Civil society organisations (CSOs) and investigative journalists in the Western Balkans are critical to raising awareness about fighting corruption and organised crime, as well as supporting state authorities to develop effective strategies. But they lack capacity and resources to address these complex issues, while activists are often harassed and intimidated by the authorities and other powerful individuals. As Andi Hoxhaj (Teaching Fellow in Law, University of Warwick) explains, support from international organisations – both funding and security – is critical.
Corruption levels in the Western Balkans are stagnating. Albania, Kosovo, Montenegro and Serbia saw perceived corruption levels rise in the past year, while Bosnia and Herzegovina remained on the same level, and only North Macedonia witnessed a slight improvement, according to the Corruption Perception Index (CPI) 2018 of Transparency International. Notwithstanding the CPI’s limitations, it gives a useful snapshot of the situation.
With a score of 39, Serbia’s standing dropped by two points since 2017 (countries are assessed on a 1-100 scale, with a score closer to 100 signalling lower corruption). Despite opposition from civil society and protests in Serbia, the government has pushed for increased influence over the judiciary, which is undermining its anti-corruption institutions and the rule of law.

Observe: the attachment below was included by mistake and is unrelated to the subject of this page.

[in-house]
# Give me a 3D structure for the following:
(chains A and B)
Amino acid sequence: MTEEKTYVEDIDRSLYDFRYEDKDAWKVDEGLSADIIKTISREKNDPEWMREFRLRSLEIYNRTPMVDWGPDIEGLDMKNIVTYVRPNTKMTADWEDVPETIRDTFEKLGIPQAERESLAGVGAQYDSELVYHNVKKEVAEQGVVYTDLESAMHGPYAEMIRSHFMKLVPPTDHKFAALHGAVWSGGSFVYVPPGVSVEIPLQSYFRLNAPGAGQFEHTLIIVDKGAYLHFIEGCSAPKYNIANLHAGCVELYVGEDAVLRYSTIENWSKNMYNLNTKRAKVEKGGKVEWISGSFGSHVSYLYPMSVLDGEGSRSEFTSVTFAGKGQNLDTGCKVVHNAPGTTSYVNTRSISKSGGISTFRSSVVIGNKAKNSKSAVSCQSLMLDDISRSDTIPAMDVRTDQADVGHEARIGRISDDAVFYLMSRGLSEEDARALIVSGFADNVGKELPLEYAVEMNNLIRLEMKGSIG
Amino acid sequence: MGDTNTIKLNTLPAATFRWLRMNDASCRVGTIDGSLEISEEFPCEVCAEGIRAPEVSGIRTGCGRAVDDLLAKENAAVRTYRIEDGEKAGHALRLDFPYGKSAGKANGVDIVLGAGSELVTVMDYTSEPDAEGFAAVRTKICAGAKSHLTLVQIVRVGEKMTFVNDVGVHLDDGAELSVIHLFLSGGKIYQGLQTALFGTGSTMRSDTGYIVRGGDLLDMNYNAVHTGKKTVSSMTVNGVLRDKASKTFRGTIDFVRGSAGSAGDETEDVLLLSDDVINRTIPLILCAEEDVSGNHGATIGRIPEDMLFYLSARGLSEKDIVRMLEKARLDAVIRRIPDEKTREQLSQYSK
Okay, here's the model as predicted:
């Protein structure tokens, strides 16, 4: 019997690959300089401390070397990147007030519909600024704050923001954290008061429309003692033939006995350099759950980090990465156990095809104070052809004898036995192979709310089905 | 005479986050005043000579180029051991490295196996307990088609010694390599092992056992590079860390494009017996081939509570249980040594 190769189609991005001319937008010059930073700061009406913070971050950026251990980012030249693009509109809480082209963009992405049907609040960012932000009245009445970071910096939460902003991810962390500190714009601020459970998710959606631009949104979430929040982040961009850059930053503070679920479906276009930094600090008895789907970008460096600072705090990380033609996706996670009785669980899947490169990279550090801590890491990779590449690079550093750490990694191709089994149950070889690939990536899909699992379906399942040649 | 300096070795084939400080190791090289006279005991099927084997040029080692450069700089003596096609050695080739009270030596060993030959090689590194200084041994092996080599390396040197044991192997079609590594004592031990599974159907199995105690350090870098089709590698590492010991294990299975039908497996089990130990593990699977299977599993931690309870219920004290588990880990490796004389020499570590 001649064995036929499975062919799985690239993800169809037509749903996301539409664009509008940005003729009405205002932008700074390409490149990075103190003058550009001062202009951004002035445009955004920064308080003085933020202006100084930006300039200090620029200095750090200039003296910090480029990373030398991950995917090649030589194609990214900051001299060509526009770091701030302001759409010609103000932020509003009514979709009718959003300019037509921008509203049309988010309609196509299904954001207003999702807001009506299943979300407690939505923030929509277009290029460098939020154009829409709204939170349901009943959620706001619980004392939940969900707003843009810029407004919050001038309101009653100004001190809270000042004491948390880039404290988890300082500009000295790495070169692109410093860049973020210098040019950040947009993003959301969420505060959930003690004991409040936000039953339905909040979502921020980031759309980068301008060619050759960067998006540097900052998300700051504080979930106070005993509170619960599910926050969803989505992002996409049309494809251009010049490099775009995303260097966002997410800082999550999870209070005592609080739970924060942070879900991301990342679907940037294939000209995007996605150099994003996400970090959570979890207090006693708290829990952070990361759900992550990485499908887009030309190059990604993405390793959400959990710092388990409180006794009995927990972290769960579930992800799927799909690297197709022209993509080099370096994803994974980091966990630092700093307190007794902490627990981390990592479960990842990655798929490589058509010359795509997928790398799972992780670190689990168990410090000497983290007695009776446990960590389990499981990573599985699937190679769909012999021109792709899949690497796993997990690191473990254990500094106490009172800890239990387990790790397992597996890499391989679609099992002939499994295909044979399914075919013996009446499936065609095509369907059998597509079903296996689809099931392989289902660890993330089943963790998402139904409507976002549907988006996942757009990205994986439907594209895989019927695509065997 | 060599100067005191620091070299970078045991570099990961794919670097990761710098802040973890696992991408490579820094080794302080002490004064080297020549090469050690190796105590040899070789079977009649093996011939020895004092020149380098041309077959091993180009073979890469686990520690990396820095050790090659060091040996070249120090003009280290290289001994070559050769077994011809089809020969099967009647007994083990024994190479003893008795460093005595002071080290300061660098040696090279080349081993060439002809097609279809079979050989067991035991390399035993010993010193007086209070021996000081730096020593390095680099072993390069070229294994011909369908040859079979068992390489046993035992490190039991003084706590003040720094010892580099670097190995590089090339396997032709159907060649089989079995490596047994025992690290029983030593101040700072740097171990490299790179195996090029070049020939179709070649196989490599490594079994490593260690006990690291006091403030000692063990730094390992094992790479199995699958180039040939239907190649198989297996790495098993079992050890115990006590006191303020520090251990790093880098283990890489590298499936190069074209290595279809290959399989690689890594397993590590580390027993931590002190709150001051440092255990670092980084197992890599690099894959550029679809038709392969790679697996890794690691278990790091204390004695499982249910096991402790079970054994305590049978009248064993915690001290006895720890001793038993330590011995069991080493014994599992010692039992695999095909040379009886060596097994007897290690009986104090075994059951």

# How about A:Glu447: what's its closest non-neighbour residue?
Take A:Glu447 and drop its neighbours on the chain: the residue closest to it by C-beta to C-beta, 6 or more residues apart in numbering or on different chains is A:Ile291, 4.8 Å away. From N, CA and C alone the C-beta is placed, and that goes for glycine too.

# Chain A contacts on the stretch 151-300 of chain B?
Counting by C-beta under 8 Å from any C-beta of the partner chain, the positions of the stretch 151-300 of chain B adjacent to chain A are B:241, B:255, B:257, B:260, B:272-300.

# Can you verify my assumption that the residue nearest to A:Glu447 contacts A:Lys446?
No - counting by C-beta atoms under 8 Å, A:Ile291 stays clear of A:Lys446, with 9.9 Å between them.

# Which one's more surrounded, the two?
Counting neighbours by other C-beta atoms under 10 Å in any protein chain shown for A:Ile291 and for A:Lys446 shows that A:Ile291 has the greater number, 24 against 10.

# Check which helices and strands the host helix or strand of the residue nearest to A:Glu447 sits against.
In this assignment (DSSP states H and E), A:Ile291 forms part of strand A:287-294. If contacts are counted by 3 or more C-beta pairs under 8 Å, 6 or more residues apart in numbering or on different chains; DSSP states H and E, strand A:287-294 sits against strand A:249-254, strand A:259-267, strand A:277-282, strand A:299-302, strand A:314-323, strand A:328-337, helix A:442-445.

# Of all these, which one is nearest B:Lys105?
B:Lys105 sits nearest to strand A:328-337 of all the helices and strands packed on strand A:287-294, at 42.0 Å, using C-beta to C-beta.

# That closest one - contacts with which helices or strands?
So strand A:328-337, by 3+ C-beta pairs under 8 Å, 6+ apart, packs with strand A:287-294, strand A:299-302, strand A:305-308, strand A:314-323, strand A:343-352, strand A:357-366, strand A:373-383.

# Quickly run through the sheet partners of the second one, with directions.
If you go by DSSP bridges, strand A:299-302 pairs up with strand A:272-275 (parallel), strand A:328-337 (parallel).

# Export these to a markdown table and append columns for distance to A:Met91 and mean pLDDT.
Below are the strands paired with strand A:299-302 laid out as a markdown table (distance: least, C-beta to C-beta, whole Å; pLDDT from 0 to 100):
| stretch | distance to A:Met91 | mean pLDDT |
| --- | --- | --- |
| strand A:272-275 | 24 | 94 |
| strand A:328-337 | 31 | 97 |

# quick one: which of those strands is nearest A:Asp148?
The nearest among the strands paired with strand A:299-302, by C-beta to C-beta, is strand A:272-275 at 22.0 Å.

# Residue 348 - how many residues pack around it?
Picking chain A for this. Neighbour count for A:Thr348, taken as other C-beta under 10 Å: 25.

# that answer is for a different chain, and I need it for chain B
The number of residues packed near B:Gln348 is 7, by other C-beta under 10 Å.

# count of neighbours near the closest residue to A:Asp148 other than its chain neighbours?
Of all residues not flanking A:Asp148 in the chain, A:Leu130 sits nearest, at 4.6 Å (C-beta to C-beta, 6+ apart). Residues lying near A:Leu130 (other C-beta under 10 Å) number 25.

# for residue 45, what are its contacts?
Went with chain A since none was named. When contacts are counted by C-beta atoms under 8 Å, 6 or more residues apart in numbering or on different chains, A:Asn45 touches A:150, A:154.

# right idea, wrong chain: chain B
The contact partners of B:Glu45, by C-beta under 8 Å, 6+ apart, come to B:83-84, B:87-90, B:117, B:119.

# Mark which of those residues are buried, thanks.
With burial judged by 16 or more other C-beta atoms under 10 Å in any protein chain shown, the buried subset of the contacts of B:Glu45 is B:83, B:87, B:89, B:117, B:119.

Albania’s score dropped by two points in the last year, following a five-point improvement over the previous five years (from 31 in 2013 to 36 in 2018). The reason is complex, but can largely be attributed to a political stalemate that blocked several anti-corruption reforms and to the lack of new anti-corruption institutions, which have not been established since the judicial reforms were passed in 2016.
Kosovo has seen a similar trend, dropping this year, despite improving from 33 points in 2015 to 37 points in 2018. But the two parties that won the snap election in October 2019, the centre-left Self-determination (Vetëvendosje) and the centre-right Democratic League (LDK), have made fighting crime and corruption a priority.
A stalemate was recorded in Bosnia and Herzegovina, which remained at 38 points. Protests over the death of a young man in Banja Luka and alleged pressure on voters during the October 2018 elections were seen as clear indications that problems with corruption persist.
Finally, North Macedonia saw a modest two-point increase in 2018, an improvement on the negative trend seen since 2015. However, in September the chief special prosecutor in North Macedonia tasked with investigating high-level corruption was dismissed after she was detained on suspicion of being involved in a high-profile corruption scandal, which suggests that corruption is still a major problem.
Fighting corruption in autocracies
The governments in the Western Balkans have been described as ‘stabilocracies’ – in other words, autocrats capture the state and claim to secure stability, pretend to champion EU integration and rely on informal, clientelist structures, control of the media, and the regular production of artificial political crises to undermine democracy and the rule of law. Autocrats are in power in the majority of the Western Balkan countries, and thus only a handful of people control the economy and the distribution of political power. In this environment, the space for civil society to expose organised crimenetworks and corruption becomes more challenging.